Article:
November 4
vol 13, no. 128

"What manner of man is this?"

Rather than the Gospel according to Matthew, Mark, Luke and John, we are being fed the Gospel of Ecumenism. One is Roman Catholic, the other Pelagianism!

    Editor's Note: In his sermon for the 24th Sunday After Pentecost, taken from the Fourth Sunday After Epiphany, Father Louis Campbell speaks of the divinity of Christ. It was Peter, the first Pope, who first acknowledged Jesus as the Christ, the Son of the living God. For only One such as this could calm the seas and the winds. The winds of heresy and the seas of novelty need to be calmed today for sadly the supposed successor of Peter in these times - John Paul II - is afraid to rock the boat by acknowledging to Jew, Muslim, Hindu and the rest that Christ is the Second Person of the Blessed Trinity - Three Persons - Father, Son and Holy Ghost - in One God. In shying away from the truths in favor of a pan-religious Pelagianism, it would seem John Paul II is afraid to offend the mind of man. Sadly the leaders of the conciliar church shy away from their ultimate responsibity to uphold what St. Paul affirms in Hebrews 11: 6, "Without faith it is impossible to please God." That faith is contained only in the Faith handed down by the Son of God; the only Faith with the four indelible marks - One, Holy, Catholic and Apostolic. No where in there is the word "Ecumenical."

   The chosen apostles of our Lord Jesus Christ were fortunate to be able to follow Him for three years, listening to His words, observing His actions, contemplating His features, no doubt unwilling to miss even the smallest word or the least incident. Their question, "What manner of Man is this, that even the wind and the sea obey Him" (Mt.8:27), would be answered by one of them - Peter - at Caesarea Philippi, "Thou are the Christ, the Son of the living God" (Mt.16:16).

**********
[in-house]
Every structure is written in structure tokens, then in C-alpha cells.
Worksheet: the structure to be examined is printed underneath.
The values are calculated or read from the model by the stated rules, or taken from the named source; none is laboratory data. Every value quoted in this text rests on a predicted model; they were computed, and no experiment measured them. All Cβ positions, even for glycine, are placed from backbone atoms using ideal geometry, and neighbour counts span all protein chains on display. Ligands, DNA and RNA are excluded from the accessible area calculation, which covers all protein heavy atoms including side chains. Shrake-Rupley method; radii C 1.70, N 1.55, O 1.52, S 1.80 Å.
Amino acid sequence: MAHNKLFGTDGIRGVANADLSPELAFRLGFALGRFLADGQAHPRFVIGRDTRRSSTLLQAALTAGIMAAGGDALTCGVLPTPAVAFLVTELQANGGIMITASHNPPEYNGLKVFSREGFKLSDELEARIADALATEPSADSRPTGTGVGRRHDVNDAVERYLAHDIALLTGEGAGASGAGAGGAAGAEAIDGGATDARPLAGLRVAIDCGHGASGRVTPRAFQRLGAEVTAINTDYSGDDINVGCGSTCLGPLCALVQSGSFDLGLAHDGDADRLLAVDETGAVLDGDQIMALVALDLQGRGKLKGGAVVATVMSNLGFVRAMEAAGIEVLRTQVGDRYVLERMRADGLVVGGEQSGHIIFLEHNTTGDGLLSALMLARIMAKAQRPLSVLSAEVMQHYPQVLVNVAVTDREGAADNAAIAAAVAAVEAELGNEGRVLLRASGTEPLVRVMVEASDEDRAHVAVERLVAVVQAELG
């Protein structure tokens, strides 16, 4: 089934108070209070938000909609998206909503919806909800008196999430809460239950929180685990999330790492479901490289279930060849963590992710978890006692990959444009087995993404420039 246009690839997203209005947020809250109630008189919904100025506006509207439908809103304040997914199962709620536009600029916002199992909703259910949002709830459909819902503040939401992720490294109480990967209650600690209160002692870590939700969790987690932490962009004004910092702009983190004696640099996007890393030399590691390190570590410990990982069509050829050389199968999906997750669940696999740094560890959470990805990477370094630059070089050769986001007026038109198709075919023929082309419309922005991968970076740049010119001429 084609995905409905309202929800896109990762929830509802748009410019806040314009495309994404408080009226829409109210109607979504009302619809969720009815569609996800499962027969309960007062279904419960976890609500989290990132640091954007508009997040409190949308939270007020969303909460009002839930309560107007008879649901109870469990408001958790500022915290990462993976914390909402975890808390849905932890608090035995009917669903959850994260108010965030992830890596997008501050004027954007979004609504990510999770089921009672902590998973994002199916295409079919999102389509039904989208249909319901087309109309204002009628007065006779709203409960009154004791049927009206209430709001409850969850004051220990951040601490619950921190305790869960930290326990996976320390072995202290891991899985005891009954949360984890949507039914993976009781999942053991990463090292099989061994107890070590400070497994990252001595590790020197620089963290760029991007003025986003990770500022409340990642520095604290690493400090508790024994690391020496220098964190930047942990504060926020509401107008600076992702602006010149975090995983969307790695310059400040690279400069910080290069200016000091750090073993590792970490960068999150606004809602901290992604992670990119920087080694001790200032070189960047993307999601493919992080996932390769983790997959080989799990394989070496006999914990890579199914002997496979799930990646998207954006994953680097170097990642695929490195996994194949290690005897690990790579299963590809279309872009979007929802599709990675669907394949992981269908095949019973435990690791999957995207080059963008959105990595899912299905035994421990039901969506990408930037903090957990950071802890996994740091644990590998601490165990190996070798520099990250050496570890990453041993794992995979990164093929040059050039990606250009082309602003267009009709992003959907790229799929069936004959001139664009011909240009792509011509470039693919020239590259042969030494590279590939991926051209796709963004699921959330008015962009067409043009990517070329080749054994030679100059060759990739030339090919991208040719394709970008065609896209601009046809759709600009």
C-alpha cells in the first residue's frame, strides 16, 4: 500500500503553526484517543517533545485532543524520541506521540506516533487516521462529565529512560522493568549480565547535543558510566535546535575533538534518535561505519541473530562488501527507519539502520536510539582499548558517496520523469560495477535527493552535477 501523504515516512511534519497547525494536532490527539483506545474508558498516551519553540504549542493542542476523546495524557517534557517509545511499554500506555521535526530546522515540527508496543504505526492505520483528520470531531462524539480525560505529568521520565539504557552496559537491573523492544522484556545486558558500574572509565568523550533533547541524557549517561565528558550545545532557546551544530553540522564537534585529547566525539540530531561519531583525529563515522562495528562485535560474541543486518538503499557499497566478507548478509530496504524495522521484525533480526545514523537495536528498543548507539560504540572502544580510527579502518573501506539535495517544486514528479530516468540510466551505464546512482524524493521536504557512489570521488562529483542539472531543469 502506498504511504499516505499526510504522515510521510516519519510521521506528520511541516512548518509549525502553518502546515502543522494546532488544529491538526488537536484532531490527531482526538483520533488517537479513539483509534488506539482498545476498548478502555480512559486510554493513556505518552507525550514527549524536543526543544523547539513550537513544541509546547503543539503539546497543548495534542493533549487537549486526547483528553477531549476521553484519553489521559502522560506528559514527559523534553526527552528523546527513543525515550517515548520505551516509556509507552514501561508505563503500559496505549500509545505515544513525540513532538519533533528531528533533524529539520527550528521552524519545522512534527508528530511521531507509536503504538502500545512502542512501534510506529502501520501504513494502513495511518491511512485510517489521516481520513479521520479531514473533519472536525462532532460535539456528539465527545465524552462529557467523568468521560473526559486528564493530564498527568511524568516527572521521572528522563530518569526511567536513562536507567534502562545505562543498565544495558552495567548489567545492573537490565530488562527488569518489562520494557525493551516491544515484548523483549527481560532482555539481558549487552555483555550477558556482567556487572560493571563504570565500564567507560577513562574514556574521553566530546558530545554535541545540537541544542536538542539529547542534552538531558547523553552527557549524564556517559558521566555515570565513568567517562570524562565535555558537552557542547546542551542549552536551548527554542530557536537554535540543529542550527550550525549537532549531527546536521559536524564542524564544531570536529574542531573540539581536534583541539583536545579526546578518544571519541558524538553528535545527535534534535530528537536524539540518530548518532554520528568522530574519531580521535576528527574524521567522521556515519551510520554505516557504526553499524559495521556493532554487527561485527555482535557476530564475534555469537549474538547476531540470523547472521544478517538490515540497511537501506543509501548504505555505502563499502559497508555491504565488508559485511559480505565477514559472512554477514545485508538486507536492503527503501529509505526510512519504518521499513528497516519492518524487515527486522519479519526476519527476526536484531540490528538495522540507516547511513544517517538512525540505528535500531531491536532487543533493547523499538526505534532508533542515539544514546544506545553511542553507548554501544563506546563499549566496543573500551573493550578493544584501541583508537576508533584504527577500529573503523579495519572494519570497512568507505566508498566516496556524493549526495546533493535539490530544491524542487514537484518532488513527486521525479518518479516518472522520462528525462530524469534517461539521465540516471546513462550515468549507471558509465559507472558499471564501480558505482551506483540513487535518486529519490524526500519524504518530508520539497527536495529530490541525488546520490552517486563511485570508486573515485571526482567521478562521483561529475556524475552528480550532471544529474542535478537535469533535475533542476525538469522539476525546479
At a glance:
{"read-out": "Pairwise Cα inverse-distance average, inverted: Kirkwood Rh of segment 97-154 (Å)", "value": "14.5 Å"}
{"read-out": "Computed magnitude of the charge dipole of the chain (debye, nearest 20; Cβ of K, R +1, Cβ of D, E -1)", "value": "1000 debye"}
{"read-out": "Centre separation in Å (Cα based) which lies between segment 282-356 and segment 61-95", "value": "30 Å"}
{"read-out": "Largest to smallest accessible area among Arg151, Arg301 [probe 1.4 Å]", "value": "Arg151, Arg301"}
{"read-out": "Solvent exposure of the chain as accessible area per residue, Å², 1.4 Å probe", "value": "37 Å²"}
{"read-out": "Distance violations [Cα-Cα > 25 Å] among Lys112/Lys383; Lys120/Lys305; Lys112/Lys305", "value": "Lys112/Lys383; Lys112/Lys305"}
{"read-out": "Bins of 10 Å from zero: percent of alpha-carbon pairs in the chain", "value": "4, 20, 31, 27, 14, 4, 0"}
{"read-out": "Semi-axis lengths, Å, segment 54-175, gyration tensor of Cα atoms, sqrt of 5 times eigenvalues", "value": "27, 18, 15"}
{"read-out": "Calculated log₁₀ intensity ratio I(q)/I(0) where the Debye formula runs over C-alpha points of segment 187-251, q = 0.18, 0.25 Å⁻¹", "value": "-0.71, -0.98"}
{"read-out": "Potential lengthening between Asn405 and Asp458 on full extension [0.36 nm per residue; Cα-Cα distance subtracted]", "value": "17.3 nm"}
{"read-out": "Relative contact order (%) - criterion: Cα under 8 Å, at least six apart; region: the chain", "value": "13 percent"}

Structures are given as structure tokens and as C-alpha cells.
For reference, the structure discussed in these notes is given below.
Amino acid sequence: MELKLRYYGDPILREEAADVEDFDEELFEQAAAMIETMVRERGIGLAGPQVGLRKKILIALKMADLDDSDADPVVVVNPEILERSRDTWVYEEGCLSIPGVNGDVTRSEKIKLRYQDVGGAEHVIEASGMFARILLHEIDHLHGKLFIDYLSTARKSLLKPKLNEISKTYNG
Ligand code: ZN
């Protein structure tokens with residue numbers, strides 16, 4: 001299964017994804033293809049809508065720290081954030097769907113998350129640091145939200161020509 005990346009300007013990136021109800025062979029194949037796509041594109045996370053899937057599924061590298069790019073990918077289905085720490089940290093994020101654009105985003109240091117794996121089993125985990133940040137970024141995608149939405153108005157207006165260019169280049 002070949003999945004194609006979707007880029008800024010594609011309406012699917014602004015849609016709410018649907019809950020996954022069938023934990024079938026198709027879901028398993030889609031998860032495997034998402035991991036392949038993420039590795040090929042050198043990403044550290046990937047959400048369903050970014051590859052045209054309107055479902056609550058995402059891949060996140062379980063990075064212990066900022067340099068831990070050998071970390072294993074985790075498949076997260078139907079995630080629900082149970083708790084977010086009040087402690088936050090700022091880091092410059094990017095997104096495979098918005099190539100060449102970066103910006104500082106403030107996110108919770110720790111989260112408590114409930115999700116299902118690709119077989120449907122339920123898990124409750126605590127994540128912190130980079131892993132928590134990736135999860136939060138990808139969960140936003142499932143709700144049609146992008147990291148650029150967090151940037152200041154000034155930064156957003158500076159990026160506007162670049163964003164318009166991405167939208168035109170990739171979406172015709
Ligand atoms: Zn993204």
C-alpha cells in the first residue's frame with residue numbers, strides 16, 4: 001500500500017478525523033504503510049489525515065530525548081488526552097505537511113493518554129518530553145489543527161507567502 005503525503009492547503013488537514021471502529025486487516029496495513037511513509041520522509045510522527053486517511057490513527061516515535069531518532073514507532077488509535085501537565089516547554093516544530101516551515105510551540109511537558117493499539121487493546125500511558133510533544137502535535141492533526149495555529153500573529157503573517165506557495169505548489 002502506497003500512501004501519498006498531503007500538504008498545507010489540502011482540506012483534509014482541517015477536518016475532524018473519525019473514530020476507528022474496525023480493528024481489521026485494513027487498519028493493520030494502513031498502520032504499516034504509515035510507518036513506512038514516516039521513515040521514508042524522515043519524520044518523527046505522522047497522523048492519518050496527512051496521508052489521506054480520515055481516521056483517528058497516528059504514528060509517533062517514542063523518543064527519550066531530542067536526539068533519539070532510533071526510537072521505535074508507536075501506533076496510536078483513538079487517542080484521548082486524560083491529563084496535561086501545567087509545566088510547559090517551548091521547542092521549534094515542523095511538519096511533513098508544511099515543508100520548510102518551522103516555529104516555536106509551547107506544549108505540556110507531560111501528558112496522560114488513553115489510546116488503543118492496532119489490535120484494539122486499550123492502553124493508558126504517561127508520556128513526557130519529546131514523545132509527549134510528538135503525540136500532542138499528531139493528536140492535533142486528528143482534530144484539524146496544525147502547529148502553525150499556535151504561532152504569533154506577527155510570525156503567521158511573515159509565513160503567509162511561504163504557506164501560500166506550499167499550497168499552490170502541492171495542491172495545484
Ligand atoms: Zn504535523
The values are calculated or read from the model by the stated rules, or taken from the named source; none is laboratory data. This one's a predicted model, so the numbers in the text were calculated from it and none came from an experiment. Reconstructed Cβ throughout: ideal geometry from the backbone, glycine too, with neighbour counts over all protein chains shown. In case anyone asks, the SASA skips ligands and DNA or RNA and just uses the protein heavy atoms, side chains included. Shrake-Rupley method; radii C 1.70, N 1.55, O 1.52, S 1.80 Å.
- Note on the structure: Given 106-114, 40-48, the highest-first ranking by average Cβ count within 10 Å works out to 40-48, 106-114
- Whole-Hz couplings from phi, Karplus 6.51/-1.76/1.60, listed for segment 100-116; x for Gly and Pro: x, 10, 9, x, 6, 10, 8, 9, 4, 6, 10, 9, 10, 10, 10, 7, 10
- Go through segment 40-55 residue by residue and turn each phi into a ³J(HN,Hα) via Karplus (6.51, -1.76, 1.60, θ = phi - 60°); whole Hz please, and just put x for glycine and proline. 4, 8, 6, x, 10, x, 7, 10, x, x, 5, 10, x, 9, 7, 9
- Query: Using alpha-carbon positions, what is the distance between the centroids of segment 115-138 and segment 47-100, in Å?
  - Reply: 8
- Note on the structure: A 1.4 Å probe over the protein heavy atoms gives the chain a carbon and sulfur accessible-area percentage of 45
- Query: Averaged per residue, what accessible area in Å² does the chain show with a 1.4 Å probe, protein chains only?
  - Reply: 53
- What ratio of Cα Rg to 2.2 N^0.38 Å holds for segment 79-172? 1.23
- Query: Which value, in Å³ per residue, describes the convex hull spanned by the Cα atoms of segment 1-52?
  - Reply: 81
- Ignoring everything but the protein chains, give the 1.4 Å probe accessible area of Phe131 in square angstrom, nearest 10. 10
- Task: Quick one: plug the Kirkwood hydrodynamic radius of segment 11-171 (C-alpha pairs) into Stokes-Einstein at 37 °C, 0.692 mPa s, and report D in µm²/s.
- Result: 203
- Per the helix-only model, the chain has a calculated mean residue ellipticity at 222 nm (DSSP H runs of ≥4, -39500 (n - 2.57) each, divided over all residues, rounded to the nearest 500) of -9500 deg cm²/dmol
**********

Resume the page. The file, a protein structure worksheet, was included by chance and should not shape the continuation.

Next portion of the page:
Those who would know the true God, Who is Father, Son and Holy Ghost, must believe as Peter did, because Christ is our Mediator, our one Way to the Father. In His own words, "No one knows the Son except the Father, nor does anyone know the Father except the Son, and him to whom the Son chooses to reveal Him" (St. Matthew 11:27). That we might know God the Father, God the Son came among us as a man, so that in knowing Him we might know the Father. "He who sees Me, sees the Father," He told the Apostle Phillip (St. John 14:9). When the disciples asked Jesus to teach them how to pray, He replied, "Pray like this, 'Our Father, Who art in Heaven…'"

   The Church has always prayed to the Father, but through the Son, and in the Holy Ghost. Her liturgical prayers - the prayers of the Mass and the Sacraments - are usually addressed to the Father, ending: "Per Dominium nostrum Jesum Christum, filium tuum…,"-"Through our Lord Jesus Christ, Your Son, Who lives and reigns with You in the unity of the Holy Ghost, one God, forever and ever." But the Son is also God, and the Holy Ghost is God, so the Church at times addresses her prayers to the Son, as on the Feast of Christ the King, or to the Holy Ghost, as at Pentecost.

   Our usual approach to the spiritual life, then, should be, first of all, to contemplate the life of the Son, Jesus Christ, as we do in reading and meditating on the Holy Scriptures, praying the Rosary or the Stations of the Cross, and in other devotions. In this way we get to know Him, to know "what manner of man" He is. And in knowing Him we know the Father as well. Our prayers ascend to the Father through the Son, as we see in the prayers of the Mass, "through Him, with Him, and in Him." And all the while we are dependent upon the power of the Holy Ghost, Who prays within us. Like the Church, we may also pray directly to Christ, Who is God, the Second Person of the Blessed Trinity, or to the Holy Ghost, Who is God, the Third Person of the Blessed Trinity. Praying to the Blessed Virgin Mary and the saints is a different matter. We do not address them as divine persons, but as our friends in Heaven, that they may intercede for us.